At the board meeting, Josh Henderson, VPD’s board chair, also urged that the district’s messaging about the measure should state that the district depends solely on property tax revenue to fund its operations and maintenance.

“Without a replacement levy,” he said, “the Vashon Park District would close.”

Levy rate is same as passed in 2019

If a park district levy rate of 45 cents per $1000 of assessed property value sounds familiar to islanders, that’s because, in 2019, voters approved VPD’s now-expiring levy at the exact same rate.

But because property values were much lower at that time, the levy produced much less revenue in its first year, 2020 — only $1.52 million.

Since then, the district’s tax revenues have dipped and climbed like a roller coaster.

VPD was scheduled to collect 45 cents again in 2021. But because the district’s levy rate and those of a number of other taxing districts cumulatively exceeded a legal limit of $5.90 — and because the Park District, by law, was first on the chopping block — its revenue was trimmed by more than 10 percent.

The district requested, and the Legislature approved, a law in 2021 effectively ensuring that kind of “pro-rationing” wouldn’t happen to VPD again.

But something else happened, instead, when VPD announced that a mistake by the King County Assessor’s Office in calculating the new law’s impact had allowed the district to collect $1.75 million in 2022, nearly $200,000 more than it was legally entitled to.

The mistake was discovered in a state Department of Revenue late last year.

Correcting that error has brought the district’s estimated 2023 collections back down to $1.53 million.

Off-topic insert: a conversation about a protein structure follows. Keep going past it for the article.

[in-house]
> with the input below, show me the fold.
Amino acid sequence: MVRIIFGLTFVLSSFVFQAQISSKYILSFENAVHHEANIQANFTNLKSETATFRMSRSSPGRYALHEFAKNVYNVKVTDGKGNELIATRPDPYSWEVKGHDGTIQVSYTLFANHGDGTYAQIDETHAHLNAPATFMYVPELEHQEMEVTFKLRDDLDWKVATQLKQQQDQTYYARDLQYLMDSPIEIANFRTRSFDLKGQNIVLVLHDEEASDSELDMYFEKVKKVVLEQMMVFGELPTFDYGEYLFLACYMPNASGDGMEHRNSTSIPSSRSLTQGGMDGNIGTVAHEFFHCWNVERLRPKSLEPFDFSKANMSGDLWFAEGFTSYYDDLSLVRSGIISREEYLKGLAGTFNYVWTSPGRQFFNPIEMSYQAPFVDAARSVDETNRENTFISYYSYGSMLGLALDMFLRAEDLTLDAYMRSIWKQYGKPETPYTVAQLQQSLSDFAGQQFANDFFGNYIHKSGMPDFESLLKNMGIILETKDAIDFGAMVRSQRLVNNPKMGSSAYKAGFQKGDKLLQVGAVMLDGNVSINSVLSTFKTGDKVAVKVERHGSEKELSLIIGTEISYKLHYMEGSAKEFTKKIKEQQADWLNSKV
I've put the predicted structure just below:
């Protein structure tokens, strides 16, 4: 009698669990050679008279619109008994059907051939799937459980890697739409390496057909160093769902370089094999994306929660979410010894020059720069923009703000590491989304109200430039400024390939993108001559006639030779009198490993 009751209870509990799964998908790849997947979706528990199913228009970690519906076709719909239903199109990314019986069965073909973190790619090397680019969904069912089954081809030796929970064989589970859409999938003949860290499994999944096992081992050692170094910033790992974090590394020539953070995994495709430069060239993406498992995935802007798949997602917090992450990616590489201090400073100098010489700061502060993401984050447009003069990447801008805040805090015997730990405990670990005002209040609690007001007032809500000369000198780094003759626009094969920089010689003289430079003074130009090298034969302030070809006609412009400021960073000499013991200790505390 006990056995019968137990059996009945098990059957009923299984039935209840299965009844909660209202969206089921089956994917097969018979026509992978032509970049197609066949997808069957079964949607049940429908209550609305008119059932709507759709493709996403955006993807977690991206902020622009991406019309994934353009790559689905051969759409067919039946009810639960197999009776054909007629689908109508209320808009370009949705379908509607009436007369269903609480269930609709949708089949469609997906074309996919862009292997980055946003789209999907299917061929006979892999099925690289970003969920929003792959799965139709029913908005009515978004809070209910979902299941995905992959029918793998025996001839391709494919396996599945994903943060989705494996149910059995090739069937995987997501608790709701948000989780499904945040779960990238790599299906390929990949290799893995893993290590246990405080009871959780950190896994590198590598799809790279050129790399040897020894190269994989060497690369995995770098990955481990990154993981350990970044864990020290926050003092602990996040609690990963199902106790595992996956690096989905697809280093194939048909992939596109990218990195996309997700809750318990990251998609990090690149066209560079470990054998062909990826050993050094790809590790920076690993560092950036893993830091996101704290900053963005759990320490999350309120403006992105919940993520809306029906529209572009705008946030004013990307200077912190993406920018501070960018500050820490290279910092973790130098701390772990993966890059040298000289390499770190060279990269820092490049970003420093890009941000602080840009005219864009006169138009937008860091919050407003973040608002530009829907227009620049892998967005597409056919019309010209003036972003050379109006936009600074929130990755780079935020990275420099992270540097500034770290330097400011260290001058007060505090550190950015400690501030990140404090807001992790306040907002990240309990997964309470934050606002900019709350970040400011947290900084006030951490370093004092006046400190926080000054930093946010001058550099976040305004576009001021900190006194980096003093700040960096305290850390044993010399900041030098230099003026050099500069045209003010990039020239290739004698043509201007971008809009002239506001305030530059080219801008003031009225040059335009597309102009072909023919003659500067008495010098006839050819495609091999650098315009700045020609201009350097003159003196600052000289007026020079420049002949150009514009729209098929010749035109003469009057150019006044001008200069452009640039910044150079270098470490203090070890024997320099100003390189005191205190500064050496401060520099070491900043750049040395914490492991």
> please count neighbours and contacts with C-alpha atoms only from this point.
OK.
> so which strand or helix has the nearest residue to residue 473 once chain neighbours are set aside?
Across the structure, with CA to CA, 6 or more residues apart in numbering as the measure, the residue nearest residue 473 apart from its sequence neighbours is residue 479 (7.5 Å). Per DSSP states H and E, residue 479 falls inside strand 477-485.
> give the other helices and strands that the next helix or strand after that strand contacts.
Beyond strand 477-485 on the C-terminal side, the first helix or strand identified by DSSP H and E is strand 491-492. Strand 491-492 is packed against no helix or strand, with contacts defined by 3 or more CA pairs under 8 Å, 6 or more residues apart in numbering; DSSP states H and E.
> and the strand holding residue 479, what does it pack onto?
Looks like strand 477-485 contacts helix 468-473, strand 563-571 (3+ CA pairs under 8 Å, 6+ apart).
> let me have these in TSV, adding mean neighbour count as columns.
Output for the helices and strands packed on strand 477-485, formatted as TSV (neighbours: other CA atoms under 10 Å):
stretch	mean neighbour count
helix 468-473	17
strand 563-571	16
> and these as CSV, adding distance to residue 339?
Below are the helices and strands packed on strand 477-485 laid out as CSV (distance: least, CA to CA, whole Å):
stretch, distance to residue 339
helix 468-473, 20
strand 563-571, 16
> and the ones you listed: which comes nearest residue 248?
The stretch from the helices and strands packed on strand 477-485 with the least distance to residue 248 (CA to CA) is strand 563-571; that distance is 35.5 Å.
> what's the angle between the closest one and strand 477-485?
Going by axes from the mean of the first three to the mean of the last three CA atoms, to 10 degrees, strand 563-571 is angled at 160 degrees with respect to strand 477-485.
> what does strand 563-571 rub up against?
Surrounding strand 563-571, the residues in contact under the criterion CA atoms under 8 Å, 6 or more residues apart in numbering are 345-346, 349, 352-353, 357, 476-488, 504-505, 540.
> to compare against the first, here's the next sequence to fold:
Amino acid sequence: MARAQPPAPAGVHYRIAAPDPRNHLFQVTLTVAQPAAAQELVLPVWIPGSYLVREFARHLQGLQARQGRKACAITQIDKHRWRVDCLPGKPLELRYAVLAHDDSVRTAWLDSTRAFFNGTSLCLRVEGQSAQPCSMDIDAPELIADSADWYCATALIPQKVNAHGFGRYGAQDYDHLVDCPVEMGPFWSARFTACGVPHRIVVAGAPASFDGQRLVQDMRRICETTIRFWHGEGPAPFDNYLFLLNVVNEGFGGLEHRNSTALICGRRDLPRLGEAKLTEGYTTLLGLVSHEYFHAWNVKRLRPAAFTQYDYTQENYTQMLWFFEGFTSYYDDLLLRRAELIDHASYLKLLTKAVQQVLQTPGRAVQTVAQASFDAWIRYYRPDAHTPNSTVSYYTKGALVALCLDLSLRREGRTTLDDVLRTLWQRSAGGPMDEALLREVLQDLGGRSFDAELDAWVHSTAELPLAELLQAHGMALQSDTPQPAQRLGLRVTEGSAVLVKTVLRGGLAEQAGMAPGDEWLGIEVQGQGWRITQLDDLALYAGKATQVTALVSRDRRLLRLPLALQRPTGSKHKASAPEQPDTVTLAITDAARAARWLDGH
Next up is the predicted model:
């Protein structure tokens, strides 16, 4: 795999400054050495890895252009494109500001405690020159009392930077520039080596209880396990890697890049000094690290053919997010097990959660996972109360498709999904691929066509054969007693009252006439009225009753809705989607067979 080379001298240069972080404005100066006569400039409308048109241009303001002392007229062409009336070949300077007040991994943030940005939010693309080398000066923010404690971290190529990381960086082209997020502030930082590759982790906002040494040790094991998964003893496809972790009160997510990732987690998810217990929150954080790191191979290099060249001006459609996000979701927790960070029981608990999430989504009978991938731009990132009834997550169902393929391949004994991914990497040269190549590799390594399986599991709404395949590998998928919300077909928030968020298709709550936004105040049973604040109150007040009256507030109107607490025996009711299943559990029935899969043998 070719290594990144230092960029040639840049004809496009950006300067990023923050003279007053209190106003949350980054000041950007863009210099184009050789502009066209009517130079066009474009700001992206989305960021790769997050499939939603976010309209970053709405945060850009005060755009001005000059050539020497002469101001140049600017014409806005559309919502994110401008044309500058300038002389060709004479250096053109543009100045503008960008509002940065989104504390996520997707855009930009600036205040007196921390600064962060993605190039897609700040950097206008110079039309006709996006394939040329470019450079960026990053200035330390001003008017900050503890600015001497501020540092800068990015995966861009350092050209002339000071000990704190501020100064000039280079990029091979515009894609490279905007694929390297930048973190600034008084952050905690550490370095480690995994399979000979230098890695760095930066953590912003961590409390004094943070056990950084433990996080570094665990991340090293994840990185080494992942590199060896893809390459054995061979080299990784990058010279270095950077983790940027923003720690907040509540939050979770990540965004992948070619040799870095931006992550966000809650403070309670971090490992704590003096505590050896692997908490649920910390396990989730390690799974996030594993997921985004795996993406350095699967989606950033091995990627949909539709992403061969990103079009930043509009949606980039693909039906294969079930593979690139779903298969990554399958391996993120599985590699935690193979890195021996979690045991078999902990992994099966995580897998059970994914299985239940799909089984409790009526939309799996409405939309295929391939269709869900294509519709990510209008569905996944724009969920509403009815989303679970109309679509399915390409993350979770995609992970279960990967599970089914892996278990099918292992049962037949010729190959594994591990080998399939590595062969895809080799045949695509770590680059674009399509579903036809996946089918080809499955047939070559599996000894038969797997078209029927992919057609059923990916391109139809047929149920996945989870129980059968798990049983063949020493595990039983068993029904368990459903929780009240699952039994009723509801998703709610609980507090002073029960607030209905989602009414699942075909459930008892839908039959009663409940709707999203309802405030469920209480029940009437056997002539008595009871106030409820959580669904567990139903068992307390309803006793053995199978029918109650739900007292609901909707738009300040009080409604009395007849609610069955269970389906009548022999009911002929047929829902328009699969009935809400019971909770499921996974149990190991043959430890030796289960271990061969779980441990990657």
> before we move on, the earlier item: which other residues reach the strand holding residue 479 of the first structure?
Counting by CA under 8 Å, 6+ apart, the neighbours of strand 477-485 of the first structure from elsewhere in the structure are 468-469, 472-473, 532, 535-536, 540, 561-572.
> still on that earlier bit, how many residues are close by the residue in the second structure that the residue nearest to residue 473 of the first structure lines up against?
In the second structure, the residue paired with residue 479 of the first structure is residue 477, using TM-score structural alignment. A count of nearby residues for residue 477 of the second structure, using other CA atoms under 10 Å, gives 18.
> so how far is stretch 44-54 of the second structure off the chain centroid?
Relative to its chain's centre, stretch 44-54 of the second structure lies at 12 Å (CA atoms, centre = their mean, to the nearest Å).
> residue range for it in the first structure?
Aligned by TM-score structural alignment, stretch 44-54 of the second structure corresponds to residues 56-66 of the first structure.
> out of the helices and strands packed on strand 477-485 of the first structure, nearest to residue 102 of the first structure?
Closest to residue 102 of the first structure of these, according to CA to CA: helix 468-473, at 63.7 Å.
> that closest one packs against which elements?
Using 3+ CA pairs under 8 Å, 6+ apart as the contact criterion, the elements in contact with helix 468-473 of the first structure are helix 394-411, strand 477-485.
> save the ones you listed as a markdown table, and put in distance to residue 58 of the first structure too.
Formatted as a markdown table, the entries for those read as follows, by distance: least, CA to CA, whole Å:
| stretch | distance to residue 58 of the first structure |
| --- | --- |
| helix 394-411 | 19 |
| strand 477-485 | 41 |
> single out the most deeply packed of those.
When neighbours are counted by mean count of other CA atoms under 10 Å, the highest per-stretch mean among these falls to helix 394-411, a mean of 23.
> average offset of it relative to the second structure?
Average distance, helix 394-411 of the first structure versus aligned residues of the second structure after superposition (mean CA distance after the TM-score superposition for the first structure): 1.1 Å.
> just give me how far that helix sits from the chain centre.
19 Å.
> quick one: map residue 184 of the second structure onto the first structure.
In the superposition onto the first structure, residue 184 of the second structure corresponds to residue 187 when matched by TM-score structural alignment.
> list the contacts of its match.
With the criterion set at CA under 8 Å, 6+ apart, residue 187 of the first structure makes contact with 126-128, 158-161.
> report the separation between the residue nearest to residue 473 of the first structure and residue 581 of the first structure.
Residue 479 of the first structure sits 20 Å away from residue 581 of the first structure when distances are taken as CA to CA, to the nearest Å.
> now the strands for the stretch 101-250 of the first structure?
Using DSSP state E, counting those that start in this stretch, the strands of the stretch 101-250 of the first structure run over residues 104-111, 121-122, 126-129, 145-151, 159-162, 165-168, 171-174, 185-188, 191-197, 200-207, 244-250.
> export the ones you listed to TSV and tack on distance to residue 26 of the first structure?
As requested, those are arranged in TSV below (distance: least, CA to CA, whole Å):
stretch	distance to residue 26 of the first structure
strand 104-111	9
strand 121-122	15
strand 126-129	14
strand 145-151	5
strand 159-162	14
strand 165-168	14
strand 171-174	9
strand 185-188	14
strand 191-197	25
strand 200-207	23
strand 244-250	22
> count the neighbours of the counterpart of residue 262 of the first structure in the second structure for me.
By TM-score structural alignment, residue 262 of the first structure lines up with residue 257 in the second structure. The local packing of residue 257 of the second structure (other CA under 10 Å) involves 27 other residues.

That amount of revenue, said Ott-Rocheford, is insufficient for VPD to maintain its 18 parks and facilities as well as make capital improvements.

In an interview, she ticked off some of the items on VPD’s project list, now adding up to $5 million in projected costs, which include improvements to the Vashon Pool, the full enclosure of the structure at Burton Adventure Recreation Center (BARC), replacement of the septic system at Point Robinson, repairs to the leaking roof of the district’s Ober Park administration building, and much more.

Adding to this, she said, are significant costs in dealing with increased vandalism in parks.

Beyond these efforts, Ott-Rocheford said, islanders have also continued to ask for new programs and facilities including pickleball courts and a dog park.

Commissioner Hans Van Dusen, in signaling his approval of the levy measure, said that he believed VPD was making the correct calculation in terms of its real costs going forward.

“Looking at the budget, I don’t see anything where I would make a cut,” he said. “Also, it would not be fiscally prudent to bank on the housing value staying up. You don’t get to go back if they drop in two years.”

The Vashon Park District is seeking volunteers for appointment to the pro and con committees to prepare statements for the voters’ pamphlet in favor of and in opposition to the April 25 election for the Vashon Park District maintenance and operations levy.

Contact Elaine Ott-Rocheford, Executive Director, at or call 206-463-9602, for more information.